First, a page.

You're Enlightened. Now What?
Suppose you are enlightened. Whether it was because you were born into it, stumbled into it, or worked at it, no matter. Perhaps you ate some magic mushrooms. Perhaps you had an epiphany on a park bench. Perhaps you spent decades meditating in a monastery. Perhaps you read a self-help book or attended a retreat or some high-end executive workshops. How do you translate the experience or insight into the wider world?
Do you try to turn your experience into a commodity so that everyone gets to have more of it, on the cheap? Do you create a tribe of like minded missionaries?
What makes you think that your company or religion or city-state will avoid all the pitfalls that have traditionally bogged every other cult: authoritarianism, corruption, hypocrisy, compromised quality produced by effects at scale? Why should you be exempt from “the innovator’s dilemma?” Doesn’t every new Jesus eventually become a Grand Inquisitor? Is enlightenment compatible with bureaucracy?
You describe your experience as one in which you realize everything is one. You are photosynthesis. You are infinitely compassionate and truly feel the pain of all beings.
But there are political considerations. Will you go to war to protect your values and ideals against those who are not infinitely compassionate and do not feel the pain of all beings? Will you renounce your family and your communities of origin so as not to be overly tied down in your loyalties, being free to love everyone all the same? But you will have to choose a country in which to live? You already speak English and are unlikely to learn more than one or two second languages.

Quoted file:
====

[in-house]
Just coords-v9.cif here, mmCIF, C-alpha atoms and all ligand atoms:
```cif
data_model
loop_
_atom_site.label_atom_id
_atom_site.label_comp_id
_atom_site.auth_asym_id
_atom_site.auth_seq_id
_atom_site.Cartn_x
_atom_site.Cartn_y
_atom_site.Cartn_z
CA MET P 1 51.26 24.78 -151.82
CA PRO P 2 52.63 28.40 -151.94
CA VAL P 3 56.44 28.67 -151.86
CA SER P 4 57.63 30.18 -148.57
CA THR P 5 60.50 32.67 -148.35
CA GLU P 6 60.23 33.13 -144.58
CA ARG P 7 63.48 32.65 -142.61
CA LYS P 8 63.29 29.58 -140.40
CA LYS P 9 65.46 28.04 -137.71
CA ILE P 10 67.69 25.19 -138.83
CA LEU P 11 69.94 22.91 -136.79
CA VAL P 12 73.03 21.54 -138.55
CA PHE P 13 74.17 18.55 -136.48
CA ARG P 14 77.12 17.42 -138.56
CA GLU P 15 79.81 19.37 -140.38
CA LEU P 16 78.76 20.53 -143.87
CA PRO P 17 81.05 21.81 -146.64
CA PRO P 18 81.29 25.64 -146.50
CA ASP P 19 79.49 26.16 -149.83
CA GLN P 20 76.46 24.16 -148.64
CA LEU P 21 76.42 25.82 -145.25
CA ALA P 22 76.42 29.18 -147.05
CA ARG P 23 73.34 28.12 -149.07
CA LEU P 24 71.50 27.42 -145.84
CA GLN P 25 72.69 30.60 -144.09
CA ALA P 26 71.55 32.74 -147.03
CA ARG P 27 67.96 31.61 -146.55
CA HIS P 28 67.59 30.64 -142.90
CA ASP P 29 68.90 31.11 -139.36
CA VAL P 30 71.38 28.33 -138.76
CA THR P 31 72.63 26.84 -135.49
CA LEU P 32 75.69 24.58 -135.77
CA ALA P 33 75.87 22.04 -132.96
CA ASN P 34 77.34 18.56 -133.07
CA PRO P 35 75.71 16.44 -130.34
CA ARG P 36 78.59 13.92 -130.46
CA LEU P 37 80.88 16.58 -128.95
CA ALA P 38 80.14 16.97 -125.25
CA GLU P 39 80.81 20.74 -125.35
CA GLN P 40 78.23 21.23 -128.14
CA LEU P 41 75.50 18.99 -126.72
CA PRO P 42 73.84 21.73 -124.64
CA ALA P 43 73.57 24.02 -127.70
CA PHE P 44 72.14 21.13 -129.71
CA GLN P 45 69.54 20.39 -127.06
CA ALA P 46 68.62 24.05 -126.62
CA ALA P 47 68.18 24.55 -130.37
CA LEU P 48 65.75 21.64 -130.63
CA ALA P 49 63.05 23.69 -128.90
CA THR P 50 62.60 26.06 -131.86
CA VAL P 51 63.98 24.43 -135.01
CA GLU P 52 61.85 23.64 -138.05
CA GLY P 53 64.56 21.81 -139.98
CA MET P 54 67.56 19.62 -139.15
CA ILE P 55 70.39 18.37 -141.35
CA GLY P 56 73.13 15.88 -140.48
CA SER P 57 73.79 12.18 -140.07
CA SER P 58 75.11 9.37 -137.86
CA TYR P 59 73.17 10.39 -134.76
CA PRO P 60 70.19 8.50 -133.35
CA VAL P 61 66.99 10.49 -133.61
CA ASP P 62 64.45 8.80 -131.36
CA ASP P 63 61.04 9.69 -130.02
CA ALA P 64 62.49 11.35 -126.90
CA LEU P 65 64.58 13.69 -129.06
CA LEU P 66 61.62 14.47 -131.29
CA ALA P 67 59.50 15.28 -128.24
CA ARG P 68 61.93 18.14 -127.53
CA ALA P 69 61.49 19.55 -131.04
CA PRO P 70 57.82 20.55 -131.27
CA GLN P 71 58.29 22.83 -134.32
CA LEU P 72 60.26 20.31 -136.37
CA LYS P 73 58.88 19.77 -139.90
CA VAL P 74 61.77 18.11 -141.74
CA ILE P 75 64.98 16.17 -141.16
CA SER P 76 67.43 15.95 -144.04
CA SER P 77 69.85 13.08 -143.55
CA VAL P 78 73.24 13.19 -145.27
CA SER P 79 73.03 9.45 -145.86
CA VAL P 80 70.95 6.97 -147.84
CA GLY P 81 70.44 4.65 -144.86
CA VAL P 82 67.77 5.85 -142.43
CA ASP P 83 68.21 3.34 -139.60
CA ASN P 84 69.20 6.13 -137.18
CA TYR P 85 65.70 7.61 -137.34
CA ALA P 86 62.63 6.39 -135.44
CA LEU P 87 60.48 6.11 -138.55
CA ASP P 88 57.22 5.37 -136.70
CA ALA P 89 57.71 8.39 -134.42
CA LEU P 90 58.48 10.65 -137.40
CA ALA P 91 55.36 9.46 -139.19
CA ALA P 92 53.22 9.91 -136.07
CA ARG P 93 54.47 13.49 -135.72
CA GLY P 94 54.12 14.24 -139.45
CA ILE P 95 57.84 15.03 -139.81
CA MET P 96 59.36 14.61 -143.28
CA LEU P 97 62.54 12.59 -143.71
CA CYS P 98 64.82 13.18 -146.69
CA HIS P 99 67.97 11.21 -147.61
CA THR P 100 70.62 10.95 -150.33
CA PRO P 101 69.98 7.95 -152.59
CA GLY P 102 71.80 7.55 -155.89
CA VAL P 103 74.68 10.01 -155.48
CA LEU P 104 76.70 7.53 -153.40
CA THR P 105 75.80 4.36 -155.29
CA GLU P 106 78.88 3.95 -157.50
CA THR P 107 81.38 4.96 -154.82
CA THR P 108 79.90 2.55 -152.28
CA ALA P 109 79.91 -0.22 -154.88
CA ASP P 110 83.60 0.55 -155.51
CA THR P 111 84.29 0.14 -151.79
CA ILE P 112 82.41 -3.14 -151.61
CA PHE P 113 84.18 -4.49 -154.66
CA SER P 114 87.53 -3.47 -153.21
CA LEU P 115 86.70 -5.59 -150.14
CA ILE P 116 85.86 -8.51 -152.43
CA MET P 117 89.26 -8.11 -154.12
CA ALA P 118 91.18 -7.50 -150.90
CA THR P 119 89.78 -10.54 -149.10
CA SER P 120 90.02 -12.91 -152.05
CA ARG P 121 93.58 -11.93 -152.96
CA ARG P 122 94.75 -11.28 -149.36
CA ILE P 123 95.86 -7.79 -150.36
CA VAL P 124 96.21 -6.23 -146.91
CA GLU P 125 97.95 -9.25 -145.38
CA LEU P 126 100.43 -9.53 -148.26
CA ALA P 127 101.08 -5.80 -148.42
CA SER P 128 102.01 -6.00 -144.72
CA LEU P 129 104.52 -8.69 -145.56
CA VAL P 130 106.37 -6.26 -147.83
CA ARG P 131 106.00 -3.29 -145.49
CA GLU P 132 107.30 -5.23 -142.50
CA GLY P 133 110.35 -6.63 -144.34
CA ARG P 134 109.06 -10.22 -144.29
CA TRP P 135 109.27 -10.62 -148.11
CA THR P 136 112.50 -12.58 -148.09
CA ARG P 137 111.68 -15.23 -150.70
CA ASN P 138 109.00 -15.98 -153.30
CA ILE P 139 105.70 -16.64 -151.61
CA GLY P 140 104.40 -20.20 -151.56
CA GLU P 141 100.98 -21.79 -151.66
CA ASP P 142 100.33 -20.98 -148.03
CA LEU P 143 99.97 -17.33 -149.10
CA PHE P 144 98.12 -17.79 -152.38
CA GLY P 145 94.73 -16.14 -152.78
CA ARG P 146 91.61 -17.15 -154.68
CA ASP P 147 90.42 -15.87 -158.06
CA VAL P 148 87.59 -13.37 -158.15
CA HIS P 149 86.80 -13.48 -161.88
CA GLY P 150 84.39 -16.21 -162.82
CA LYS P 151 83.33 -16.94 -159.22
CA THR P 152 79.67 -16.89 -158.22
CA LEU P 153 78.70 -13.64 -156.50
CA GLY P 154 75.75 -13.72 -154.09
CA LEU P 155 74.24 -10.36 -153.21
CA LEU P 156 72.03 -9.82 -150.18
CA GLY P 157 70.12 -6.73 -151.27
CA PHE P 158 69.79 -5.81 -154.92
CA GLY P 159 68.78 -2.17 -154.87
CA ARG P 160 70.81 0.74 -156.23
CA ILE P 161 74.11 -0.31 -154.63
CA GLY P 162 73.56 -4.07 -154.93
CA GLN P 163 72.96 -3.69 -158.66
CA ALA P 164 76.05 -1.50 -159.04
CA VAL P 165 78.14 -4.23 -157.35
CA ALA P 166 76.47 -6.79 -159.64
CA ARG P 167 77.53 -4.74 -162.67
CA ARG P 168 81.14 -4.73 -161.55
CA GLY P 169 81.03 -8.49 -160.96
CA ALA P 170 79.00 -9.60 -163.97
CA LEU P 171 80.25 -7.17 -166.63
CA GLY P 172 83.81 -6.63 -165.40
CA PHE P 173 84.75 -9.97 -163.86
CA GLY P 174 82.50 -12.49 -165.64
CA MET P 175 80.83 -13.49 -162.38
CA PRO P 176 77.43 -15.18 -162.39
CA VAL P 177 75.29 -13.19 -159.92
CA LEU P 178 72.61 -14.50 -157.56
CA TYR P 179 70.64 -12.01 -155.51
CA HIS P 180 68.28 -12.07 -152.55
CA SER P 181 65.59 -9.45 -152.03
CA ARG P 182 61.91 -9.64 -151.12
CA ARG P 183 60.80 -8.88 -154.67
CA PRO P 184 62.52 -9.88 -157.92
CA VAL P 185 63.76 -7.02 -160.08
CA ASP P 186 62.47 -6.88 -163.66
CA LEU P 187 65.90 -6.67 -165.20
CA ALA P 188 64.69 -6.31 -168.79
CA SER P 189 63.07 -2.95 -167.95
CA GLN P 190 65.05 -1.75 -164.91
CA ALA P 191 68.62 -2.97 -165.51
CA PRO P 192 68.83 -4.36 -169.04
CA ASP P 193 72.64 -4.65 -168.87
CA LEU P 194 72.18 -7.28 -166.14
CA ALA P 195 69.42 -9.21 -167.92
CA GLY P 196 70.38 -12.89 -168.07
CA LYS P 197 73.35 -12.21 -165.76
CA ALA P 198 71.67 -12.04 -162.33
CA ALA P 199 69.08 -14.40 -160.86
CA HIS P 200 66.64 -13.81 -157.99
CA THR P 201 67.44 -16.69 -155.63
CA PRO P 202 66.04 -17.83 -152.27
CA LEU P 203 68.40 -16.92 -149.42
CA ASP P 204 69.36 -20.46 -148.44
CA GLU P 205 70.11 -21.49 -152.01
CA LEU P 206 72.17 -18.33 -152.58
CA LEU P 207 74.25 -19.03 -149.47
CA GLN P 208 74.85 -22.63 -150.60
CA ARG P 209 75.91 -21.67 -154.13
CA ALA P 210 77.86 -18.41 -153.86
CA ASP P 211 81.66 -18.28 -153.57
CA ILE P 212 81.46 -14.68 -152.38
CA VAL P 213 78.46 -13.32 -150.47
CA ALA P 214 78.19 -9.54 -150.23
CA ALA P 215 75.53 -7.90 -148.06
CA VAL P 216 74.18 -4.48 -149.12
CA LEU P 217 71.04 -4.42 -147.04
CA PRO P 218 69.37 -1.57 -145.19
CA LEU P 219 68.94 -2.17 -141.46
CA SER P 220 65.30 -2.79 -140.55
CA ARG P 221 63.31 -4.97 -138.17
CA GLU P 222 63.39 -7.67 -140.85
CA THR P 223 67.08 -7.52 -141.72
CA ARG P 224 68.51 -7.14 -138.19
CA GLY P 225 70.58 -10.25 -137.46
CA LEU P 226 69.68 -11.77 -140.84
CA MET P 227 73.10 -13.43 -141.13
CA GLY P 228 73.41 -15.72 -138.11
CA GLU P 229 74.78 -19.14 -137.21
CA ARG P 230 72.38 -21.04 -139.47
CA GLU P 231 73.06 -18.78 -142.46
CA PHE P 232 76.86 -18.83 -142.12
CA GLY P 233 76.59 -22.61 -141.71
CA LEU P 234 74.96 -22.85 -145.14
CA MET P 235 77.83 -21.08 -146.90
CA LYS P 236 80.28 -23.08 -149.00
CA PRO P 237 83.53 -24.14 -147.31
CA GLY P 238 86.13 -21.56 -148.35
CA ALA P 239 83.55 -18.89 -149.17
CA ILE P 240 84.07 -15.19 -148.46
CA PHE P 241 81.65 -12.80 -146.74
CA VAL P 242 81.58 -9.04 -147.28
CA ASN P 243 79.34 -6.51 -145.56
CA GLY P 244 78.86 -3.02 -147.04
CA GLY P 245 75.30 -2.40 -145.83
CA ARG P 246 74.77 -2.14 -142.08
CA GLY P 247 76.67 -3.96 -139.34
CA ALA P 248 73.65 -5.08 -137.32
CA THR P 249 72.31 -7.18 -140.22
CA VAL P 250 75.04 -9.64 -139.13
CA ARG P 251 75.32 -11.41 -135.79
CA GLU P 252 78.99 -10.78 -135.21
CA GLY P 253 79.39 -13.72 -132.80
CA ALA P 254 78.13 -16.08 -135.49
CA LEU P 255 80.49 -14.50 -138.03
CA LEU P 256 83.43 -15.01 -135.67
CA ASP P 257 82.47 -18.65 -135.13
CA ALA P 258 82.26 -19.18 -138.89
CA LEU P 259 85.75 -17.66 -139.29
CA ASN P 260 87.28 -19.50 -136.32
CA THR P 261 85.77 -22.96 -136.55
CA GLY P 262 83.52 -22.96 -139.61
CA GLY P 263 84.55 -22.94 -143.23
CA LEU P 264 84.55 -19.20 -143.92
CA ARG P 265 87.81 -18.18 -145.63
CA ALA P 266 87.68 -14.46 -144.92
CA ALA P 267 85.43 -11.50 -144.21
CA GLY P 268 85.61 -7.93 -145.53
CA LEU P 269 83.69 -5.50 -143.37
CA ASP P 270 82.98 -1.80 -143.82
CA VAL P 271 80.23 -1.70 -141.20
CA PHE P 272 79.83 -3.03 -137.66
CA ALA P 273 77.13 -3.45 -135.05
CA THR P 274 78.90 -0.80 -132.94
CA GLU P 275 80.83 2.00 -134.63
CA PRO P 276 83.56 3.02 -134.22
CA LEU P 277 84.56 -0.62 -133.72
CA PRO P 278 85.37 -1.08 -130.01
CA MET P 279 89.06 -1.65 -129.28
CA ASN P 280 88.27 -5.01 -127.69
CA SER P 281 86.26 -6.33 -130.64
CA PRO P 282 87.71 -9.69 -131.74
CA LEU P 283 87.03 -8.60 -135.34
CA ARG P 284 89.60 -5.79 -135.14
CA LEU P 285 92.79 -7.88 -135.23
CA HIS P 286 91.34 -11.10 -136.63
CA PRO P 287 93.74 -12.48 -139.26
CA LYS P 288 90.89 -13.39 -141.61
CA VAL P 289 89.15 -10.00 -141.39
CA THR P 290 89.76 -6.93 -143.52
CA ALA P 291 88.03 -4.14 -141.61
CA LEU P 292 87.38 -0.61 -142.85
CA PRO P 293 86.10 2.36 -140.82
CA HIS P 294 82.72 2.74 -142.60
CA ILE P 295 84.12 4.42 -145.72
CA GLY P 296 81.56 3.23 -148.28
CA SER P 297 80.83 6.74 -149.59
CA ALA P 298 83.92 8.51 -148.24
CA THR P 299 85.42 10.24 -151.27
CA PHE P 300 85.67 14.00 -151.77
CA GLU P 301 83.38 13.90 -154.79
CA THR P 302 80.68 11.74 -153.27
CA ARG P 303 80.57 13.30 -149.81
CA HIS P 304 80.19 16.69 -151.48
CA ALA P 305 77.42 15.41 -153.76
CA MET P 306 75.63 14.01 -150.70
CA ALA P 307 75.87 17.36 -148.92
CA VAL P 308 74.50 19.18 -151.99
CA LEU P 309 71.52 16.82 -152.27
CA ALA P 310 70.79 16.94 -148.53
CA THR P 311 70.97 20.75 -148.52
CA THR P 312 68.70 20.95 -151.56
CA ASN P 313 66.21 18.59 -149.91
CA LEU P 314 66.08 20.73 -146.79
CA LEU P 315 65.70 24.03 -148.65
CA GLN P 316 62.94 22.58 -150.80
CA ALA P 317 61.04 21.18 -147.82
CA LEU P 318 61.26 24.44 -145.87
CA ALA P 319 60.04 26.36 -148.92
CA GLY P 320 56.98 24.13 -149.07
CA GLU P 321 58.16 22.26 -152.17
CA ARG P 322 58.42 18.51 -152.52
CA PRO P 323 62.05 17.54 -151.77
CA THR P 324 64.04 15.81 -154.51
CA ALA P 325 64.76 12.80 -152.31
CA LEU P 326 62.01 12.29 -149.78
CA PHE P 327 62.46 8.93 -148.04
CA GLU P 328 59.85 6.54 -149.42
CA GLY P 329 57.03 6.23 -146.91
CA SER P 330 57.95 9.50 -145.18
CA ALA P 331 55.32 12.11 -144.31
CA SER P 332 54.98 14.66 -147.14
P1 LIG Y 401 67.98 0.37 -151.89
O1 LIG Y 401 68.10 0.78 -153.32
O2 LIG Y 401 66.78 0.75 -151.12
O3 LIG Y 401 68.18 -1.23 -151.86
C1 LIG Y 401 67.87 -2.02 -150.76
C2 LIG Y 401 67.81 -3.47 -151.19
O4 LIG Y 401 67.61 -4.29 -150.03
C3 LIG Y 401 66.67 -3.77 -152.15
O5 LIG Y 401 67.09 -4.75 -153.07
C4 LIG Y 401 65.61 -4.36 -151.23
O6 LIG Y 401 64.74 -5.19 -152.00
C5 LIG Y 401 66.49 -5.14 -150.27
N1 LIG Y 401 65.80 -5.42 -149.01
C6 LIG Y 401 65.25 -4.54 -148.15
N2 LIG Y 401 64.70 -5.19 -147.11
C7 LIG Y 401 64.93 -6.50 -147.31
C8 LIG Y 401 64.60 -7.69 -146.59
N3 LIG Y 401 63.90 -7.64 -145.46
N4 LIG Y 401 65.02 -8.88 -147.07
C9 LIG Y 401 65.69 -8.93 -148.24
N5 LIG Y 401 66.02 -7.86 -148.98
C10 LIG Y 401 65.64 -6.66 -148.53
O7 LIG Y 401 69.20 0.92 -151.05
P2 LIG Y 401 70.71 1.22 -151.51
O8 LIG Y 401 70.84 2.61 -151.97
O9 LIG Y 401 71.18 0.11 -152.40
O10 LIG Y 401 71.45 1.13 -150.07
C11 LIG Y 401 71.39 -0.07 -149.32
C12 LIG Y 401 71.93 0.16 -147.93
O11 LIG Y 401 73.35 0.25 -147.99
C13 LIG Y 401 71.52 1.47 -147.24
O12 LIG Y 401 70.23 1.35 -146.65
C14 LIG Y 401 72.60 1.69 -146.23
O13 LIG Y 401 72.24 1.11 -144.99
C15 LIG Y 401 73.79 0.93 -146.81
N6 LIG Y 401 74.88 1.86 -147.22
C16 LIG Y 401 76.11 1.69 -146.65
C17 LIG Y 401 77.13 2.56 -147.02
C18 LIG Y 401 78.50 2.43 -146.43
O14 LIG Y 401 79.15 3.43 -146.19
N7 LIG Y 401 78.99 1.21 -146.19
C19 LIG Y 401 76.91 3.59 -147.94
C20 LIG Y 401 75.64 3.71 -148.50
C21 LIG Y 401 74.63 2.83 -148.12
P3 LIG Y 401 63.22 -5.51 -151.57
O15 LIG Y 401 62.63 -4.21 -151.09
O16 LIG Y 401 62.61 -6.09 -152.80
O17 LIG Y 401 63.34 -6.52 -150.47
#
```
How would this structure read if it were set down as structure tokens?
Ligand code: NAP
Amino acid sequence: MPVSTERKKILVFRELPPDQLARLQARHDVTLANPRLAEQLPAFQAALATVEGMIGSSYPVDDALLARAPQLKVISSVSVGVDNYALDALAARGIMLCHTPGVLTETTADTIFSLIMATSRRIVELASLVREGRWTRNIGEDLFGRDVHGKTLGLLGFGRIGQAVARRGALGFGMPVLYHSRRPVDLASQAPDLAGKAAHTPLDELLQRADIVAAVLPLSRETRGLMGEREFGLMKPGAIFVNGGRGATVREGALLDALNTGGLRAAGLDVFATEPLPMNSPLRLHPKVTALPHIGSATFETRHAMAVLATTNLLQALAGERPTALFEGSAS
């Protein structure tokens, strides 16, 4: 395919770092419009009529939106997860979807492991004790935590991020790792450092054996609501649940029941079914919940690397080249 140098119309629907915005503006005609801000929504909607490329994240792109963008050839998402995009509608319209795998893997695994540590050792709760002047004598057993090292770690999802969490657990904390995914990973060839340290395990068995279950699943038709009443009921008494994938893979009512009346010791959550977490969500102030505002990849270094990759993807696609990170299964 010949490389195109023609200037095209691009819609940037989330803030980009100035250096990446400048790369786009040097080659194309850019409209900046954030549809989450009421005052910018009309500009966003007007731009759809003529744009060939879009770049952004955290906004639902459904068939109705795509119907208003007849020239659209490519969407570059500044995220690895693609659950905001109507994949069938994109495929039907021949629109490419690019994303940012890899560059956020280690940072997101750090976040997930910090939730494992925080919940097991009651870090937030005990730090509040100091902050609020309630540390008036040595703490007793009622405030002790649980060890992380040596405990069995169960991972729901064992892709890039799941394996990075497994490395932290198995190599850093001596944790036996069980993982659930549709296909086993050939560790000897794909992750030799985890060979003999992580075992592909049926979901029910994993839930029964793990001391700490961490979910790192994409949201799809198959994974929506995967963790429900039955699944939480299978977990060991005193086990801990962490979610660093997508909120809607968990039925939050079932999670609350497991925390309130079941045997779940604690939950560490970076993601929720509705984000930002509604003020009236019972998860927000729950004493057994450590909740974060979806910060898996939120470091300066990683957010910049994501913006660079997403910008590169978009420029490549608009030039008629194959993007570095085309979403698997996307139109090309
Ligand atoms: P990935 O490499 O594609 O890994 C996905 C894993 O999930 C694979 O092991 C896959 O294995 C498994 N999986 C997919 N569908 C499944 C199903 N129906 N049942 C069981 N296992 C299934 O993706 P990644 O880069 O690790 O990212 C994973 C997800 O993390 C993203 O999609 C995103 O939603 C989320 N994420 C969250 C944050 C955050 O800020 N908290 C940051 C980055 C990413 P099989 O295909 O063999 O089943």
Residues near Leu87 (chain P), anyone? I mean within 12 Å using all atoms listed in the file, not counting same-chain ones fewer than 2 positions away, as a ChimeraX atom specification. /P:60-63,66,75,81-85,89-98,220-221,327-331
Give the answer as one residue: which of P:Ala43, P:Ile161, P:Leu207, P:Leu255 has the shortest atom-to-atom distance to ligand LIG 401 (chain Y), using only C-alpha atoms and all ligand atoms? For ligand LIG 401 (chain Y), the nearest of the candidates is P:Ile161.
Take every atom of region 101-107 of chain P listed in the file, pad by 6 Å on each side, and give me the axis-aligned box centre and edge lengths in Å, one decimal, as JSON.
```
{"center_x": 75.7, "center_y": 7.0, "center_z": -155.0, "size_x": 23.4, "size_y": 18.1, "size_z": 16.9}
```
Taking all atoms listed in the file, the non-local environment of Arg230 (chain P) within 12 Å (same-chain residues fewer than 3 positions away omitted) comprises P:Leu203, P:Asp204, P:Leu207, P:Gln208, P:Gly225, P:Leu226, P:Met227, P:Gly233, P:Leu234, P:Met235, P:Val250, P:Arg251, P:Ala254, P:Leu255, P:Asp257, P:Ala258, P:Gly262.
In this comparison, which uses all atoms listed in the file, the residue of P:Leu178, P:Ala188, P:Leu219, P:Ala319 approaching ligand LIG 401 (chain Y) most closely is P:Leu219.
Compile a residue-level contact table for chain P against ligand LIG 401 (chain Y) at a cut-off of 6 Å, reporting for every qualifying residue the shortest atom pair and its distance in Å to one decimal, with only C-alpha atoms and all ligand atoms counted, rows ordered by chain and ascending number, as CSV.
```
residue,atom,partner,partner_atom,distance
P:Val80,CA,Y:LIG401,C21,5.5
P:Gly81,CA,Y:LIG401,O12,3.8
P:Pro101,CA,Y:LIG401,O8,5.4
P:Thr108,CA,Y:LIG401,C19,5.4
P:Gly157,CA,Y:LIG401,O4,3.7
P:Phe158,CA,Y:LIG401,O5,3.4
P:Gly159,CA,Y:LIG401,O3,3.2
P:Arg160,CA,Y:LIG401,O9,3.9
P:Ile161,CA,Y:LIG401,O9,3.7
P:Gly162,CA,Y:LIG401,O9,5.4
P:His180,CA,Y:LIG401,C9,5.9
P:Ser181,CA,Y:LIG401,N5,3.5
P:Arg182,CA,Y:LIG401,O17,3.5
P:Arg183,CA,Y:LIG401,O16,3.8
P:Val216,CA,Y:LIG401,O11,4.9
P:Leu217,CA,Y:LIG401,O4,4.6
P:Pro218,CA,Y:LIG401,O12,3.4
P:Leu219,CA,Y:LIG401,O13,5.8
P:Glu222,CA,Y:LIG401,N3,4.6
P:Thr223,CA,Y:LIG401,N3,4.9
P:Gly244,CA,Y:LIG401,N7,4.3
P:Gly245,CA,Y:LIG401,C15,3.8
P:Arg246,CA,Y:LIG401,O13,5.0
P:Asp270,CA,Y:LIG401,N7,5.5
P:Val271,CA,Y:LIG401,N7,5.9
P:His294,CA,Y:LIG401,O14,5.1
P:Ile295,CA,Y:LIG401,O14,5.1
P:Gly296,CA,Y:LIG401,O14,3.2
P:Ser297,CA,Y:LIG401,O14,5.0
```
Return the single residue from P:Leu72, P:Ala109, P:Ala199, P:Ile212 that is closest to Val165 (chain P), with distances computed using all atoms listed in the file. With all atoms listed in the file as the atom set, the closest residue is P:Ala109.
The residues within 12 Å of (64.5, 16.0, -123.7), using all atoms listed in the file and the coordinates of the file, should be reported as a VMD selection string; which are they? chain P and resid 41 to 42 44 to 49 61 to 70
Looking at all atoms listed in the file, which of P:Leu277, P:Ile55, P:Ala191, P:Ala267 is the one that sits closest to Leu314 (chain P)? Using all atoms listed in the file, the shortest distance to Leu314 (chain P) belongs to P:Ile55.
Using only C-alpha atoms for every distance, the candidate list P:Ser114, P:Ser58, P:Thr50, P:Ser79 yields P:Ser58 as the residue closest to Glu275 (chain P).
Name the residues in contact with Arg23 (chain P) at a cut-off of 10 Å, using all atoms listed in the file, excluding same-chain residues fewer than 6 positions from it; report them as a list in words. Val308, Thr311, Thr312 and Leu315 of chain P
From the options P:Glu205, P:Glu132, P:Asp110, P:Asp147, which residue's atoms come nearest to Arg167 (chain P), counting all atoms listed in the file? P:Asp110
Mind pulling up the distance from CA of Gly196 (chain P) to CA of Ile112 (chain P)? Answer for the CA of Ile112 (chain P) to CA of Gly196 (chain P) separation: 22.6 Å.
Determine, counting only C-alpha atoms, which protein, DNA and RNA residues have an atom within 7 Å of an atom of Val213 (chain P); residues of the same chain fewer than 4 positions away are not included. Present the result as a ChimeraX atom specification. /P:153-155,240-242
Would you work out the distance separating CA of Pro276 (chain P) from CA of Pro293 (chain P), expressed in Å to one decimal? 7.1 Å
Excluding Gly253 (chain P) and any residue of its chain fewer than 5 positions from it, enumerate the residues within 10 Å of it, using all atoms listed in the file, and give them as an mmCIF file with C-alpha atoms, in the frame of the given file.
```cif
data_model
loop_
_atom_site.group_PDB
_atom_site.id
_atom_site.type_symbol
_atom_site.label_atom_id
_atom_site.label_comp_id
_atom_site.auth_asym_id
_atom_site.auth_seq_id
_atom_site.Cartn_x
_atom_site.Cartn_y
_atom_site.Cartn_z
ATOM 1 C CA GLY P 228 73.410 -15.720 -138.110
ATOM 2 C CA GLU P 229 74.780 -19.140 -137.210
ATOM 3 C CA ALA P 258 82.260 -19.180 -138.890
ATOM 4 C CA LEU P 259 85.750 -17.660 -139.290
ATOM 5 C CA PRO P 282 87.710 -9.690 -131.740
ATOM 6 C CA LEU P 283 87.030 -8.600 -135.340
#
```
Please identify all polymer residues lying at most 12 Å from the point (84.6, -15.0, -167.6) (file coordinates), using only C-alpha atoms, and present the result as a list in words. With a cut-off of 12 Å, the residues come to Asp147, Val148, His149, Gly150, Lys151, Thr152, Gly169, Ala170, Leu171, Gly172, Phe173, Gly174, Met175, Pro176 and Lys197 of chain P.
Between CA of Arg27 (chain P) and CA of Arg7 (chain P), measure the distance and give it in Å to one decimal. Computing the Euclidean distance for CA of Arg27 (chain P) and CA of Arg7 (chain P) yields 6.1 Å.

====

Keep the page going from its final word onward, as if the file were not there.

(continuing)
Edmund Burke, fondly quoted by Hannah Arendt in The Origins of Totalitarianism, writes, “I prefer the rights of an Englishman to the Rights of Man.” But as an Enlightened person which will you prefer? The protections afforded by particular group identity, or the ideals of one global cosmopolitan non-identity?
Perhaps you have no theory of change, no desire to change anything, since everything is already perfect and one. If so, perhaps there is nothing to do. You can continue working in corporate law and noticing the splendor of the stack of paper work on your desk.
But a question nags at you: why can’t the world already know what you know? They’d be so much better off. So much happier.
You map it out. A theocracy will be necessary, with you at the head, or as part of a council of sages. But what do you know about education and foreign policy, ecology and immigration, tax reform and monetary policy? All you know is that you are everything and nothing.
Should you hire people to advise you or to act on your behalf even though they aren’t enlightened, having spent their time specializing on practical things instead of watching their breath pass in and out of their nostrils? Maybe they don’t need to be enlightened, after all. It is enough to have a division of labor.
But what about the feeling you had, originally, that everybody deserves to have the same kind of transformative experience that you had when you were at burning man? On the other hand, somebody has to do the paperwork…
What do you do? You begin to wonder: is enlightenment practically directive, practically neutral, or perhaps, you sometimes worry, impractical and maybe even anti-practical.